[00:17:24] So let's take a break and I want to ask you some questions about us. Okay. There is a lot of interest in the Pacific Northwest about using blue orchard bees. Many people are using them in their backyards, but there is, there have been studies. USDA is leading them inched in sweet cherries. And there's a closely, there's a close relative to the, you were working with a close relative to the species we use here.

[00:17:49] Oz meal ignition. The species that I understand that you studied or is being used in sweet cherry and Europe is Osmium Cornetta. Can you tell us about your discovery about how to improve Osmium cornu does health specifically around looking at nesting material? I think there's some lessons here to be learned for the Pacific Northwest.

[00:18:08] So walk us through that work.

[00:18:10] Maxime Eeraerts: Yeah. Yeah, there are differently if the study is very interesting And we study it's multiple questions and multiple topics about boot rereading methods and the health or the vitality of the, of that offspring Mason bees. Mason bees of course are very good boy for all three food crops.

[00:18:34] So it's definitely also relevant for your region. And the Dean, the main question that we asked were what's the influence of different types of nesting material, because there are a lot of nesting materials that are out there that are suitable for raving and implementing Mason bees wooden groove boards bamboo baby straws, cardboard tubes styrofoam Yeah.

[00:19:02] Even styrofoam, I think. And

[00:19:04] Andony Melathopoulos: Yeah, I've seen it. I've got a shelf in my office with all of these materials. Everybody's tried everything. Yeah, for sure.

[00:19:13] Maxime Eeraerts: And everyone is convinced that this is the best, that's the best material. And I think, yeah, every material works and everything material will have its benefits.

[00:19:24] Then we also looked at it. The diming of parasite infestation. And we also looked at the influence of landscape structure on parasite, infestation, and vitality of the offspring. And the first important finding of this study is that I, to cardboard jokes, sweet wood and groove boards. So the wooden groove boards you stack, and then you get a block of food and groove boards that you can open and you can clean them out.

[00:19:53] Assumed to be necessary to clean the cocoons and the NES in order to reduce parasites or to control parasites. So first important finding is when comparing cardboard tubes and wooden groove board was I wouldn't groove boards was that the cardboard tubes clearly have a lower reduction of mighty infestation.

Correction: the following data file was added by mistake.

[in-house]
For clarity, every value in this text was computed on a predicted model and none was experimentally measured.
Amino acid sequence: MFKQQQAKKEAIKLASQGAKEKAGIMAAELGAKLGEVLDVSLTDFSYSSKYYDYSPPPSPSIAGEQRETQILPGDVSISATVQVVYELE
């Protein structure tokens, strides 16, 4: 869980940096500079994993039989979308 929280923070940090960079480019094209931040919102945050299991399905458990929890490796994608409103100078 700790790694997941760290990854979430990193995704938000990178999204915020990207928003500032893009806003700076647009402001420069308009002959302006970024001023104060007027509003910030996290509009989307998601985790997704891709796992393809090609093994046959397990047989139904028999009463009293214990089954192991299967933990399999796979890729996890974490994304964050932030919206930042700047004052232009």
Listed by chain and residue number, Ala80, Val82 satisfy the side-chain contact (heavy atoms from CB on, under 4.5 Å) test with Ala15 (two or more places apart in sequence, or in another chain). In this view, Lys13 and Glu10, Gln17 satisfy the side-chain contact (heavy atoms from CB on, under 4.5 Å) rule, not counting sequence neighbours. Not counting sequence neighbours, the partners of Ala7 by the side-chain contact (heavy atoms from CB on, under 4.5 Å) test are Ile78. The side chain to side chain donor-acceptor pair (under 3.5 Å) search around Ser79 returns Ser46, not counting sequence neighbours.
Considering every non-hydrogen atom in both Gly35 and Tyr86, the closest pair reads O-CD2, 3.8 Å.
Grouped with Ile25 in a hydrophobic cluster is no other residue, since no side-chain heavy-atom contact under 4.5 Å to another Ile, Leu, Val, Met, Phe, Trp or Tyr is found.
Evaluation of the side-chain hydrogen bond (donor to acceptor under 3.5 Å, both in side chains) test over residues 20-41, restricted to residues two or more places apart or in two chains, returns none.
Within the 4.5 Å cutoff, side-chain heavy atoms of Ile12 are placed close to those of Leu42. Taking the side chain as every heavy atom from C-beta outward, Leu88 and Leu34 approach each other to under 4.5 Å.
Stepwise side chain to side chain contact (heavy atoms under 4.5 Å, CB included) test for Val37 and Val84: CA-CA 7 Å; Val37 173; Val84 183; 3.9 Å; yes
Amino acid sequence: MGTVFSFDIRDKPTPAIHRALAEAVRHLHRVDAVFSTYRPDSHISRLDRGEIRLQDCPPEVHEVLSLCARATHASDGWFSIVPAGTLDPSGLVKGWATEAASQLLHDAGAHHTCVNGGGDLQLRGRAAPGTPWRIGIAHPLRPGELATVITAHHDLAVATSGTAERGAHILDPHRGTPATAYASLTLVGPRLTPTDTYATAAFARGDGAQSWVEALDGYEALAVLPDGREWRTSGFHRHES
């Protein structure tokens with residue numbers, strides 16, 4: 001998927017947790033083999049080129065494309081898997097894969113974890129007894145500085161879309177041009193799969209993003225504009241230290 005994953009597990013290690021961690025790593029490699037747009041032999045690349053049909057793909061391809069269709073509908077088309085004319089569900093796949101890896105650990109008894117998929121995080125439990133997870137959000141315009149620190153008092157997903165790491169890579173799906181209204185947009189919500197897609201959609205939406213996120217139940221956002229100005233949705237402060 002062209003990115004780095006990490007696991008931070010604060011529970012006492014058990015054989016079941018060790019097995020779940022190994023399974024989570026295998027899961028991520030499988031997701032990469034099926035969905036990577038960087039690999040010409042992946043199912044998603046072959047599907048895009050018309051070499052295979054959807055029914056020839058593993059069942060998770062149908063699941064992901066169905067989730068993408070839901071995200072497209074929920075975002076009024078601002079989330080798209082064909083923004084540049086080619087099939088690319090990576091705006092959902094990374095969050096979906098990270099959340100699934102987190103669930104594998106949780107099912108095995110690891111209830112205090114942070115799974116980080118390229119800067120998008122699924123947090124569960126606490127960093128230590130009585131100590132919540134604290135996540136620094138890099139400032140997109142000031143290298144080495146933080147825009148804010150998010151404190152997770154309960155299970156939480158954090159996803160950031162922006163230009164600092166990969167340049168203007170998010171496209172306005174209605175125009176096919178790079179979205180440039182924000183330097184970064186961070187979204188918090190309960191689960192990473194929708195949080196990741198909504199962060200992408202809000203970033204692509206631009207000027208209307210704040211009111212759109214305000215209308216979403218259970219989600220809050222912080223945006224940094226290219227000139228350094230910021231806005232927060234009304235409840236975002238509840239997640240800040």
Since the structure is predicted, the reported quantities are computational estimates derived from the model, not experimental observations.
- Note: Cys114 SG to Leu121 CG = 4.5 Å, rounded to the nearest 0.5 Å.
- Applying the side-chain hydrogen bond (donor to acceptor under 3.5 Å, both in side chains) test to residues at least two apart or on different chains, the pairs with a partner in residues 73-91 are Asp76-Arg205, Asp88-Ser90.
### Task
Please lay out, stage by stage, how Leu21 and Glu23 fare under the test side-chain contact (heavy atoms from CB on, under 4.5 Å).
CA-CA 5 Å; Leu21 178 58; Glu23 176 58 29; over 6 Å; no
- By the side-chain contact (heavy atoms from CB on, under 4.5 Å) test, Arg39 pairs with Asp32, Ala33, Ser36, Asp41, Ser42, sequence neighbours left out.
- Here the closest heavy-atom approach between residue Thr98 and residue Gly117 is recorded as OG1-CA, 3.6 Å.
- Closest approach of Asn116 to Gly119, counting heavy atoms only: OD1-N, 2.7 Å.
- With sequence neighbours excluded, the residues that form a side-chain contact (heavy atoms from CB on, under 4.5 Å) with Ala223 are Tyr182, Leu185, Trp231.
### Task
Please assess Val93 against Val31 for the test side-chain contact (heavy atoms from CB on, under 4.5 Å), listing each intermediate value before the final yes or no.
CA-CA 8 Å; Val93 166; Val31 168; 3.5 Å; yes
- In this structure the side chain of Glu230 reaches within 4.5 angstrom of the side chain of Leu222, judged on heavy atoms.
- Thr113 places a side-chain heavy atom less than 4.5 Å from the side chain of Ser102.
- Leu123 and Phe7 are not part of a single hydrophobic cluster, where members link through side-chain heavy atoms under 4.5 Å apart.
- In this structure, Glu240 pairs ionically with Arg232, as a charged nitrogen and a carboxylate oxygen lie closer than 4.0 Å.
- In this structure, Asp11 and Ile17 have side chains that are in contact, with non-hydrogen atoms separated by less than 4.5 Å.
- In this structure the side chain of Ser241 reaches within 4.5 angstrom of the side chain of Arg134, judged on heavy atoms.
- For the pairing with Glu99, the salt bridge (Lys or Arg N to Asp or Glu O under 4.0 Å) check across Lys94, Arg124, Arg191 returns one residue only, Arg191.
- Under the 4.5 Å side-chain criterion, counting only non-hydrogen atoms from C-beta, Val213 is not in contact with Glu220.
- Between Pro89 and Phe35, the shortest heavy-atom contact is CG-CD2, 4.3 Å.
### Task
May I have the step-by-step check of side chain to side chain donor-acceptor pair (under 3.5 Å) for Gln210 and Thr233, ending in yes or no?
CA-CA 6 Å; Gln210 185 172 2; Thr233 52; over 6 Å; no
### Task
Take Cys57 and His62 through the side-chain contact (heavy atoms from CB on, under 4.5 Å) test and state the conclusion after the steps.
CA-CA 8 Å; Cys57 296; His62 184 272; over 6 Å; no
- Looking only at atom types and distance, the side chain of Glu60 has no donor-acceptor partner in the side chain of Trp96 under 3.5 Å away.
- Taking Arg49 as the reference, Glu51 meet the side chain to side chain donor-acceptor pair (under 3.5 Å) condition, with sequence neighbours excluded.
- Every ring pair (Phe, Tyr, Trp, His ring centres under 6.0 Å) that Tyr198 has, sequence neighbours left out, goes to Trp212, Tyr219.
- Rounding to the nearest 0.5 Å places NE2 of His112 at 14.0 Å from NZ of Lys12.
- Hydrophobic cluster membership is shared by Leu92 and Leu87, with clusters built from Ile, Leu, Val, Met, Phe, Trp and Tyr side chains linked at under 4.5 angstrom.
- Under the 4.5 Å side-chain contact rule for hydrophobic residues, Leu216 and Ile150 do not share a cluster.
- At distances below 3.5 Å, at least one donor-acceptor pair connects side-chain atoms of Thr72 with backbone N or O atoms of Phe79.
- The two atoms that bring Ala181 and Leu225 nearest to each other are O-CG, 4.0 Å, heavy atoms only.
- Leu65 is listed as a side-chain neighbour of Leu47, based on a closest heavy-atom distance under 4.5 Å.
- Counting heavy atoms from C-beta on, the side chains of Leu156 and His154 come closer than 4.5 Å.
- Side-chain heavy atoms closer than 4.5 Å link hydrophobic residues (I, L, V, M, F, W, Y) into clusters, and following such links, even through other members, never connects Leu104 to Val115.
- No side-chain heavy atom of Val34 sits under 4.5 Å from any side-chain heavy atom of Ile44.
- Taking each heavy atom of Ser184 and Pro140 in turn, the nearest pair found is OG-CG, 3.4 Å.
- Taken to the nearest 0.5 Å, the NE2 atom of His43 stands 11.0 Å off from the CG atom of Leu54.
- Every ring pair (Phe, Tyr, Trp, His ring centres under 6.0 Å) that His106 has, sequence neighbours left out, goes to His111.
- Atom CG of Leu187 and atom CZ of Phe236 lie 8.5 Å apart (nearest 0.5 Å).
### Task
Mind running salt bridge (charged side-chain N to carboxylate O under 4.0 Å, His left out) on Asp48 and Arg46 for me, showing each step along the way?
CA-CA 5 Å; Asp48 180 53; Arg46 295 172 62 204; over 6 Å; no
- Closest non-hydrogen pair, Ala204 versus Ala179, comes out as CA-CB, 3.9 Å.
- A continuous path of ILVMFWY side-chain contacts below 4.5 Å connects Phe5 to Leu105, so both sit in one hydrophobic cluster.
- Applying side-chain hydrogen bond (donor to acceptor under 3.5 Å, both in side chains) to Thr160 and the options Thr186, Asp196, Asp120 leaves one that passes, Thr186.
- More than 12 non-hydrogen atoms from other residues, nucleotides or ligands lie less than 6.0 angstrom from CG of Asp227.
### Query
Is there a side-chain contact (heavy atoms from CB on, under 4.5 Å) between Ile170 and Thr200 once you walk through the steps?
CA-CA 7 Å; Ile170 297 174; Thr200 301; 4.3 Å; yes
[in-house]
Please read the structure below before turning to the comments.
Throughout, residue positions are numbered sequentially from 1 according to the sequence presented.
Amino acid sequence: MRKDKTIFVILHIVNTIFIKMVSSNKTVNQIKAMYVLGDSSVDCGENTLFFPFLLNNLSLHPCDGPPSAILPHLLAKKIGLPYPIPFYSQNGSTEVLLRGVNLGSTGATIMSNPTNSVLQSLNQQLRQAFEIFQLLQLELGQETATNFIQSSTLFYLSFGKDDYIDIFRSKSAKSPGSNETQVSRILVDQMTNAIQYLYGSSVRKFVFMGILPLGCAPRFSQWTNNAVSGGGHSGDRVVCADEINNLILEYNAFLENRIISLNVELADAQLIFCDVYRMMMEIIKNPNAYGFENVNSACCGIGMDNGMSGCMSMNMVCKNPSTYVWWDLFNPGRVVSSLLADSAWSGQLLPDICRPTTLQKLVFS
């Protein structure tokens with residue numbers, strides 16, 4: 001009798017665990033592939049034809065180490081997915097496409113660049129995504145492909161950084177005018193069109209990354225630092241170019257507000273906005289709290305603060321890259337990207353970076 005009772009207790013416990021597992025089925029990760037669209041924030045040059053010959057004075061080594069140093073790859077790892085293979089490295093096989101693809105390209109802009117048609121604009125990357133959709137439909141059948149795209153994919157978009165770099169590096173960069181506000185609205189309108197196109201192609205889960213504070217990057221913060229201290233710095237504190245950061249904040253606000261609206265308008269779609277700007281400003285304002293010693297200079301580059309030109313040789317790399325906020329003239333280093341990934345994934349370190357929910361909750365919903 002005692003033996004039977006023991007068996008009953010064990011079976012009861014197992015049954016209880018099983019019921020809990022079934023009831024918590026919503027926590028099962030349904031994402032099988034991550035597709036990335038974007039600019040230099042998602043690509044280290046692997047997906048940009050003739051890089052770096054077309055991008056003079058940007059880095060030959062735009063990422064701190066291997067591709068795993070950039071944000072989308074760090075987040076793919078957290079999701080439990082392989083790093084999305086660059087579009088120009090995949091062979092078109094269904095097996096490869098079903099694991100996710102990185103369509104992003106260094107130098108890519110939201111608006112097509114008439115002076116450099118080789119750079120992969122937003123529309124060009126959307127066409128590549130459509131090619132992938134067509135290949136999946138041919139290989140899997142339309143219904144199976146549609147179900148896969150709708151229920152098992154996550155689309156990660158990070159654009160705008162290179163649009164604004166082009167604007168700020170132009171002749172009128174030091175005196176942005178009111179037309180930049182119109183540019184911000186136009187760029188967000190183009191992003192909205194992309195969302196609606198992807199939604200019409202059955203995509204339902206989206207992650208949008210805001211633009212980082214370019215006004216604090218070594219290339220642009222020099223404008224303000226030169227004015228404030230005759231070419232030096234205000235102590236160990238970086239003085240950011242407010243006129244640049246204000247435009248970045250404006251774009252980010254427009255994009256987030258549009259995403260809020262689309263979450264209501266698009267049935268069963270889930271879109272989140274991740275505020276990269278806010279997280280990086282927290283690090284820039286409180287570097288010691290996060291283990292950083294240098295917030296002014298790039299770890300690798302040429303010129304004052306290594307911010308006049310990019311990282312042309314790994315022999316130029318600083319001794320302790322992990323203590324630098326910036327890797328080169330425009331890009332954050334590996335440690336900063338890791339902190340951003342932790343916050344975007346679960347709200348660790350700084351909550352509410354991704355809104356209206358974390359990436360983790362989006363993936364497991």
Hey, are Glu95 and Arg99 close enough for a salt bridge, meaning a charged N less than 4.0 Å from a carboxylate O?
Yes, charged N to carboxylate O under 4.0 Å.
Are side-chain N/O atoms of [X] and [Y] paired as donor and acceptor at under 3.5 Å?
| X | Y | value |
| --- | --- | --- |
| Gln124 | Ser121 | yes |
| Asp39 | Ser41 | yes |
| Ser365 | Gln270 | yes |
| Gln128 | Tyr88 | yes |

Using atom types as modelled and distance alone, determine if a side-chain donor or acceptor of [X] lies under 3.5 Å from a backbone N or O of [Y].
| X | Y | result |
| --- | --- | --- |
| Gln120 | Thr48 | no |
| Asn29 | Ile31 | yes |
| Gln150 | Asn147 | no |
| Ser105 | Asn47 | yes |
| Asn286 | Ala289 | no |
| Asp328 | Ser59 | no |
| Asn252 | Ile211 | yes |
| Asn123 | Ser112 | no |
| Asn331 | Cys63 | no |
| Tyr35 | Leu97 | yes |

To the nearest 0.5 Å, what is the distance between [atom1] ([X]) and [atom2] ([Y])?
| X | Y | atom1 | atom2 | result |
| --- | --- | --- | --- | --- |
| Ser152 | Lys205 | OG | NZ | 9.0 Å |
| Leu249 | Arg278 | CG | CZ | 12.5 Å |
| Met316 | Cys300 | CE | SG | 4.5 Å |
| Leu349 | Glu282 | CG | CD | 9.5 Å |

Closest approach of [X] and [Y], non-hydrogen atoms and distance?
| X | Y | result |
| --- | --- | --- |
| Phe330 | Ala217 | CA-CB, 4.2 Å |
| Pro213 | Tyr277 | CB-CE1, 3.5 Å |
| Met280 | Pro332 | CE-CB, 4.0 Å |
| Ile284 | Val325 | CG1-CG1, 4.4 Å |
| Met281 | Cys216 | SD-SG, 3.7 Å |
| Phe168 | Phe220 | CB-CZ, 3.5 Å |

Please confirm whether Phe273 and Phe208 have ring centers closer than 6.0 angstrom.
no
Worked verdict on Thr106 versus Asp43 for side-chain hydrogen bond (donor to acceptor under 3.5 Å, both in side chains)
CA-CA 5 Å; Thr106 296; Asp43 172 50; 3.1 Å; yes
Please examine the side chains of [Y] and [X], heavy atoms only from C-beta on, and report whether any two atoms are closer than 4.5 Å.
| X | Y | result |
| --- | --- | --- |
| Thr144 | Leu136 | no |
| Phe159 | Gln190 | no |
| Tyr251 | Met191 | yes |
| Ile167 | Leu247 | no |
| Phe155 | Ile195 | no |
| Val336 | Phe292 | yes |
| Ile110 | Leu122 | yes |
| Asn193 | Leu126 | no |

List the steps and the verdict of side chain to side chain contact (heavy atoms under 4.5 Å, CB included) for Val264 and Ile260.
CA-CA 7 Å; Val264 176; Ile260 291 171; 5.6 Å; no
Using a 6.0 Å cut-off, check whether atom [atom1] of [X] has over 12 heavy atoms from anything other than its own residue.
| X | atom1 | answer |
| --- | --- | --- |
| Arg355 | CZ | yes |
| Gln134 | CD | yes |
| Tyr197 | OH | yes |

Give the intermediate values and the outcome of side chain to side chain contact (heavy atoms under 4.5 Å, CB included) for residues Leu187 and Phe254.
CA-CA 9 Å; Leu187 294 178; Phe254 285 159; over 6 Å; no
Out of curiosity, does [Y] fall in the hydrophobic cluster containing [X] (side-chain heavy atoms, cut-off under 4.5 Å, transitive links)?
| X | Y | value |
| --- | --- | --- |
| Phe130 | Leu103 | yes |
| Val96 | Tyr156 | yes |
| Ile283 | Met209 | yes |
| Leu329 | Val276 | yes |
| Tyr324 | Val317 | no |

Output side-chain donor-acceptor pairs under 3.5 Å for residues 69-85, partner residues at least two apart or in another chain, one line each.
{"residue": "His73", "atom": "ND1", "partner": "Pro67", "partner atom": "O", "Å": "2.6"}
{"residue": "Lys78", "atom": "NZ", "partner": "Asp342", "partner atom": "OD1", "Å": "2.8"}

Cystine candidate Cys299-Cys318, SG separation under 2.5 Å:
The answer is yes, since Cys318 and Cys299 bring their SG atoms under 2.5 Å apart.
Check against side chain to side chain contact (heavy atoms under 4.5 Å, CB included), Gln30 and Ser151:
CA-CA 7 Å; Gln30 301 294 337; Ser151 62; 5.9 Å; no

[00:20:17] Which is very interesting because cleaning out cardboard cleaning out the wooden groove boards is a lot of work and it's not bullet proof and you have to watch the goons, but you, yeah, you clearly reduce the mighty infestation a lot, like 80% of the mighty infestation. It's

[00:20:37] Andony Melathopoulos: reduced, when I think about it, those tubes, the mites, I imagine the bees bring them in, but once a cell, these pollen mites invade a cell that they could find a crack and just crawl to an adjacent cell.

[00:20:49] Is that the thinking with these wooden blocks, that there's all these cracks that the mites can disperse

[00:20:55] Maxime Eeraerts: and it's great. Stay there are very tiny. And when they find a little crack or a little hole, they can easily just go for it. From brute cell to sell and then start consuming Bullen. And in the Garbo tubes, that's probably the mechanism whereby they are stuck.

[00:21:15] If the bees bring them in, they're in a certain cell and the bees, they make very good construction in between cells outfits. So they, then they make a wall out of humans in between each root cell. And these. They probably, because they are the bees also naturally nest in round cavities.

[00:21:36] The bees probably are more accustomed to feeling and completing a wall in the round cavity and making it really sealed or concealed compared to the wooden group board. So you always have these tiny cracks and corners. So yeah, that interesting material clearly has an influence on parasite infestation, mainly reducing the mites which is in our region.

[00:22:07] That's this, I think number one, parasites in a ultimatum. Definitely. When you consider the abundance in the brood cells,

[00:22:20] Andony Melathopoulos: it would be the same here. Same in here in Oregon. I think a pollen mites are the number one problem that many people deal with.

[00:22:28] Maxime Eeraerts: So that's an interesting finding. And the second part of the study, where we looked at when our brood cells infested and took.

[00:22:41] We took samples in the beginning. I just five right before cherry blue, two times during cherry bloom, one time after cherry bloom. And then we clearly saw that you have these fruit flies, which also eat the bone and you also have other parasites, like wasps. And flies steps. That's eat the brute, the bees.

[00:23:08] And we found that when you, that the parasite infestation of those fruit flies increased with time. So the bear at the interpretation of the fruit flies clearly is a lot higher after blue. Oh, I see where this is interesting that if you would close the nests, for instance, in sweet cherry cultivation, after straight security blue, that you would reduce infestation of those food flies in your.